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  • #16
    Going back to basics, Any feed back, loop or noise can usually be traced back to the ground, 98% of the time.

    In talking to friends there is a sure fire method to checking your ground.

    Check the ohms on the ground wire itself with ohm meter. hold the leads of the meter at both ends of the ground wire(not the body just the wire). You should see no more than .5 ohms.

    This is considered a good ground connection, .5 ohms or less.

    Second Check the ends of the ground connection, Crimped 4 gauge is usually a bad connection, due to size(common problem they say), soldered to a connector is usually best.

    Ground contact must be bare metal to the body. Battery terminal is worst, studs or screws connected to the body aren't usually good either. This is why some use heavier wire on the ground side to elminate the resistance(ohms). I didn't want bare metal so I went heavier on wiring.

    Once eliminating the ground as a factor you're left with the wiring to the amp as one wire may be making contact and the amp is simply protecting itself or the amp itself may be bad.

    The pop may be generated by the amp itself or TPS, remember an amp converts low signals to high. The popping is ultimately generated by something and even though its speculation on the TPS, the fact that the noise is only on throttle response means something. On GM cars its common on the brakes(small pop w/bad ground and hitting the brakes).

    Hope this helps.

    L.
    Last edited by Lionel; 06-17-2009, 12:19 AM.

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    • #17
      Originally posted by Lionel View Post
      Check the ohms on the ground wire itself with ohm meter. hold the leads of the meter at both ends of the ground wire(not the body just the wire). You should see no more than .5 ohms.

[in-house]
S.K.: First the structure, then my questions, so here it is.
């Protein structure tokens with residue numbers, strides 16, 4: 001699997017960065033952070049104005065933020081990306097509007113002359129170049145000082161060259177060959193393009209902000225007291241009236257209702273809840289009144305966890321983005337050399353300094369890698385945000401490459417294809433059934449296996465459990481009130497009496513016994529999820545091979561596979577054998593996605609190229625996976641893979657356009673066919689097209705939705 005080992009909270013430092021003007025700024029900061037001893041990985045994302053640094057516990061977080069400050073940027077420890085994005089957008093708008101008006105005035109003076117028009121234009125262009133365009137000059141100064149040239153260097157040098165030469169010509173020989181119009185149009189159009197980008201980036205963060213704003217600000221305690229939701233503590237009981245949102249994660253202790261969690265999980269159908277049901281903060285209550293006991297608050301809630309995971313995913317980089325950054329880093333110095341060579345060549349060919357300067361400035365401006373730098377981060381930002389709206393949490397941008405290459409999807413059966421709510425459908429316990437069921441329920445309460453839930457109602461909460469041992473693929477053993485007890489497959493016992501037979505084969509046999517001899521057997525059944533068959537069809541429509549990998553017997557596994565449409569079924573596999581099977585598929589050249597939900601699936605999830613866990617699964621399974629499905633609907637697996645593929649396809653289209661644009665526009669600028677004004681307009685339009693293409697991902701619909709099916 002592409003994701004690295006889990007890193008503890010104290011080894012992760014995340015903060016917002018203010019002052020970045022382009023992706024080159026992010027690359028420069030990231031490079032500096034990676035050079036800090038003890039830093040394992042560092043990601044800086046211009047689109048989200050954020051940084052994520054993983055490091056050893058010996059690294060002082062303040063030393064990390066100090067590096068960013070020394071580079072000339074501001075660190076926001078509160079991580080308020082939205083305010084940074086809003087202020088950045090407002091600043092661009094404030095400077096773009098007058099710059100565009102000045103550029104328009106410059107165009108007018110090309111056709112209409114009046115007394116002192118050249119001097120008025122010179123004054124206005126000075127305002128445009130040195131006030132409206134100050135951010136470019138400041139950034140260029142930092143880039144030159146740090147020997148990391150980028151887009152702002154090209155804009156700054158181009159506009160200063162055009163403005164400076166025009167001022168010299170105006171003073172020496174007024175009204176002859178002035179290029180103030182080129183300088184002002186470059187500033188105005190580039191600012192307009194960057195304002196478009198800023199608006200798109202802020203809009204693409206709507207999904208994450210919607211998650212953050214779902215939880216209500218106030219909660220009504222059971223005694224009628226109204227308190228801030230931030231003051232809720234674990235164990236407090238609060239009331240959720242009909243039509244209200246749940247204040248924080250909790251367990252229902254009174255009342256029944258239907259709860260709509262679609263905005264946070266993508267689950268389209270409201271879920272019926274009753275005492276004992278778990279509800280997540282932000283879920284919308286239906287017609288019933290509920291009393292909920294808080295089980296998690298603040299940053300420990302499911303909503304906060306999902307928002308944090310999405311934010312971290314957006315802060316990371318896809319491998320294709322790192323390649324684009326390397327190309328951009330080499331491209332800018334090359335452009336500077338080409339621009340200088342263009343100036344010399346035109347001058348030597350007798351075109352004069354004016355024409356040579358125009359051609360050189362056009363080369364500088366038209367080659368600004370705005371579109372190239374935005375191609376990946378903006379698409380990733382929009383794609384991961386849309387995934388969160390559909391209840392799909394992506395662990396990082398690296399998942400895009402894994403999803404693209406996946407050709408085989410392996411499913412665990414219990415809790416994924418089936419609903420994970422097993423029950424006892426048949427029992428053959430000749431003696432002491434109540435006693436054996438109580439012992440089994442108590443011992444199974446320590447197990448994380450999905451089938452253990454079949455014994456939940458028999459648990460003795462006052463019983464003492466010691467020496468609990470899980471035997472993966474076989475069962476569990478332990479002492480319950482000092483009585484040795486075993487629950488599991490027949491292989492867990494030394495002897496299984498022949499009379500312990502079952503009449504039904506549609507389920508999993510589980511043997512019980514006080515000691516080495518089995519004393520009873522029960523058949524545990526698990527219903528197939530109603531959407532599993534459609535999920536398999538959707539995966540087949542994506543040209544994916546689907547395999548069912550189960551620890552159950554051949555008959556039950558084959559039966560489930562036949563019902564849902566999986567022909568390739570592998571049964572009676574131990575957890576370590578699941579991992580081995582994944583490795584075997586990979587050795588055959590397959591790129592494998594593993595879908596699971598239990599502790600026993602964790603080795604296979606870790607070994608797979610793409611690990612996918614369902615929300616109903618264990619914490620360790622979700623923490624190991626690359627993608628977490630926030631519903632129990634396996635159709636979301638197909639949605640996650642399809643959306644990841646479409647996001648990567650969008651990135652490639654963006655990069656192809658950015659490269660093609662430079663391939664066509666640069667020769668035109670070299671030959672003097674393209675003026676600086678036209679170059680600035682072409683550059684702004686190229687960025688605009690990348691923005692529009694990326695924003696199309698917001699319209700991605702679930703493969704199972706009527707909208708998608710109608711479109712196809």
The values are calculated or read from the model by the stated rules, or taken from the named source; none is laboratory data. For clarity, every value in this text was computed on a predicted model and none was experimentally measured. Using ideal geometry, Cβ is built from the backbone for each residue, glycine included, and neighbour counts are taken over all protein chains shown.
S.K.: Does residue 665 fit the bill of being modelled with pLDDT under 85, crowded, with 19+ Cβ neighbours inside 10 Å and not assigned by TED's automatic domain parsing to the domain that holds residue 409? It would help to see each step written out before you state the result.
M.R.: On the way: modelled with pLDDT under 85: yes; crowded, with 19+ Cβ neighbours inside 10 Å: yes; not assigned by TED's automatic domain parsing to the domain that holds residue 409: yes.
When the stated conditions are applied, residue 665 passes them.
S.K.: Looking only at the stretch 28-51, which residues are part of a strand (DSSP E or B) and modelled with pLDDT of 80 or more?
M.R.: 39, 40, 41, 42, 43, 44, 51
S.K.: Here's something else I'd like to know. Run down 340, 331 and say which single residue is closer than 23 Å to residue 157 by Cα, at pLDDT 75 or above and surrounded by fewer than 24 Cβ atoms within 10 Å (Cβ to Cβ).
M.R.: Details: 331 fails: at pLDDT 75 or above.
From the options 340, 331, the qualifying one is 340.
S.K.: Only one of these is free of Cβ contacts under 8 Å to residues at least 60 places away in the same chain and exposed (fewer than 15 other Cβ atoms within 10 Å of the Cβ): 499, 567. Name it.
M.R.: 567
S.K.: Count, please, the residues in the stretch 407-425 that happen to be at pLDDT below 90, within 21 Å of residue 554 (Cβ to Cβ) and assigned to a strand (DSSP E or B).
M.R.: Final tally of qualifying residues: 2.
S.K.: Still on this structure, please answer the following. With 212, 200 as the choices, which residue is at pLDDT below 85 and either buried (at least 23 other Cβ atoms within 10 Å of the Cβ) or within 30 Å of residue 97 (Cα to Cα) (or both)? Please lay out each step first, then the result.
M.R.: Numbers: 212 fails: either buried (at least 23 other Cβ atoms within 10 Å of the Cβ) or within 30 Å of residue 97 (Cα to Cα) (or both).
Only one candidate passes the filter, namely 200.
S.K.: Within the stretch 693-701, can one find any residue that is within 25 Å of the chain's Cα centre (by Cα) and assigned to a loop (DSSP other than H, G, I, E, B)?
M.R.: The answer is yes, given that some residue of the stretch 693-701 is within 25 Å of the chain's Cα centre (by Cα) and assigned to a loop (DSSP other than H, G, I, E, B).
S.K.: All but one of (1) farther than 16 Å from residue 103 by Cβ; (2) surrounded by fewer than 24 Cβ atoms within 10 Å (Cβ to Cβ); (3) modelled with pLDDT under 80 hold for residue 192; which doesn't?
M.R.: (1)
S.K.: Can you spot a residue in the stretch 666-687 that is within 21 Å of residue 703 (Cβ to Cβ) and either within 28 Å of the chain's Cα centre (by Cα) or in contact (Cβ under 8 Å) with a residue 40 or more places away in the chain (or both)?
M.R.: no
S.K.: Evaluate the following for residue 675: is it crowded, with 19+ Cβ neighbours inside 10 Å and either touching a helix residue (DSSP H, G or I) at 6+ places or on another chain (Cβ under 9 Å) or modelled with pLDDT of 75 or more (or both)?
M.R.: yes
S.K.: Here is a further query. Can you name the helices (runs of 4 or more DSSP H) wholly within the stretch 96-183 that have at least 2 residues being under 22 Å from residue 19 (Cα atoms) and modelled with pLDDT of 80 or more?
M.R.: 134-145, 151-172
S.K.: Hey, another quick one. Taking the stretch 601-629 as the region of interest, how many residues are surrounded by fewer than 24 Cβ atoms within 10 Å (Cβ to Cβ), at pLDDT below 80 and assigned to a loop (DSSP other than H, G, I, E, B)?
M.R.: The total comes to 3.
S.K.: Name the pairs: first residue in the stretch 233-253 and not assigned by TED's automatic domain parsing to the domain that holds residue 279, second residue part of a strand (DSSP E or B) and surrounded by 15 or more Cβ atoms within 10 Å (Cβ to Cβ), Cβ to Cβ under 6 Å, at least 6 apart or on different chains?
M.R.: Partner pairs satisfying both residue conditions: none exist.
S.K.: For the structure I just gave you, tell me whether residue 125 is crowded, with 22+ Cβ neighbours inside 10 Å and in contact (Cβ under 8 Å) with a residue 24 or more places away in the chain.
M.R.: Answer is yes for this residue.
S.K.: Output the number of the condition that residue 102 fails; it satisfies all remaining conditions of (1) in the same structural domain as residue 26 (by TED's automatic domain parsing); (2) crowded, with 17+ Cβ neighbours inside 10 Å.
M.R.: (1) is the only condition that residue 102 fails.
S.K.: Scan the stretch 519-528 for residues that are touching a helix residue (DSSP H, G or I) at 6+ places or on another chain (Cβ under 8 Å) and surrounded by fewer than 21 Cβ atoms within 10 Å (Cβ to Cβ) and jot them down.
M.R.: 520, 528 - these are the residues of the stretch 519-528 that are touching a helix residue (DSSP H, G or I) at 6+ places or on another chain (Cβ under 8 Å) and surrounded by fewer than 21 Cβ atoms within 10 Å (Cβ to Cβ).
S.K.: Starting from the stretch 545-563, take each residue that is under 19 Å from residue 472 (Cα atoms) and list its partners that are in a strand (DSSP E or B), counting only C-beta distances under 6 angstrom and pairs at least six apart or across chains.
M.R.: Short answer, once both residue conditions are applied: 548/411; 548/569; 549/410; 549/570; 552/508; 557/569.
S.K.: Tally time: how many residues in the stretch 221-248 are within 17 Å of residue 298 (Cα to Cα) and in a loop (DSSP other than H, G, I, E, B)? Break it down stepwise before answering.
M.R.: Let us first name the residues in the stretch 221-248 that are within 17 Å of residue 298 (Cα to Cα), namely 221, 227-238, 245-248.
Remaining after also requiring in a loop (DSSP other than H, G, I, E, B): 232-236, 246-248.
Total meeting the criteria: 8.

This is considered a good ground connection, .5 ohms or less.

      Second Check the ends of the ground connection, Crimped 4 gauge is usually a bad connection, due to size(common problem they say), soldered to a connector is usually best.
      Great info, thanks Lionel! I have not checked the actual ground cable itself yet.


      Originally posted by Lionel View Post
      Ground contact must be bare metal to the body. Battery terminal is worst, studs or screws connected to the body aren't usually good either. This is why some use heavier wire on the ground side to elminate the resistance(ohms). I didn't want bare metal so I went heavier on wiring.
      I would be more inclined to up the wire gauge than drill/scrape new holes.
      I assume I should be avoiding connecting to the ground strap location on the body where the negative battery cable goes as well, correct?


      Thanks!
      -Chris
      Chris L.

      Spray paint and tire shine doesn't equate to a "restoration!"

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      • #18
        Since this only occurs when lifting off the throttle , NEVER LIFT!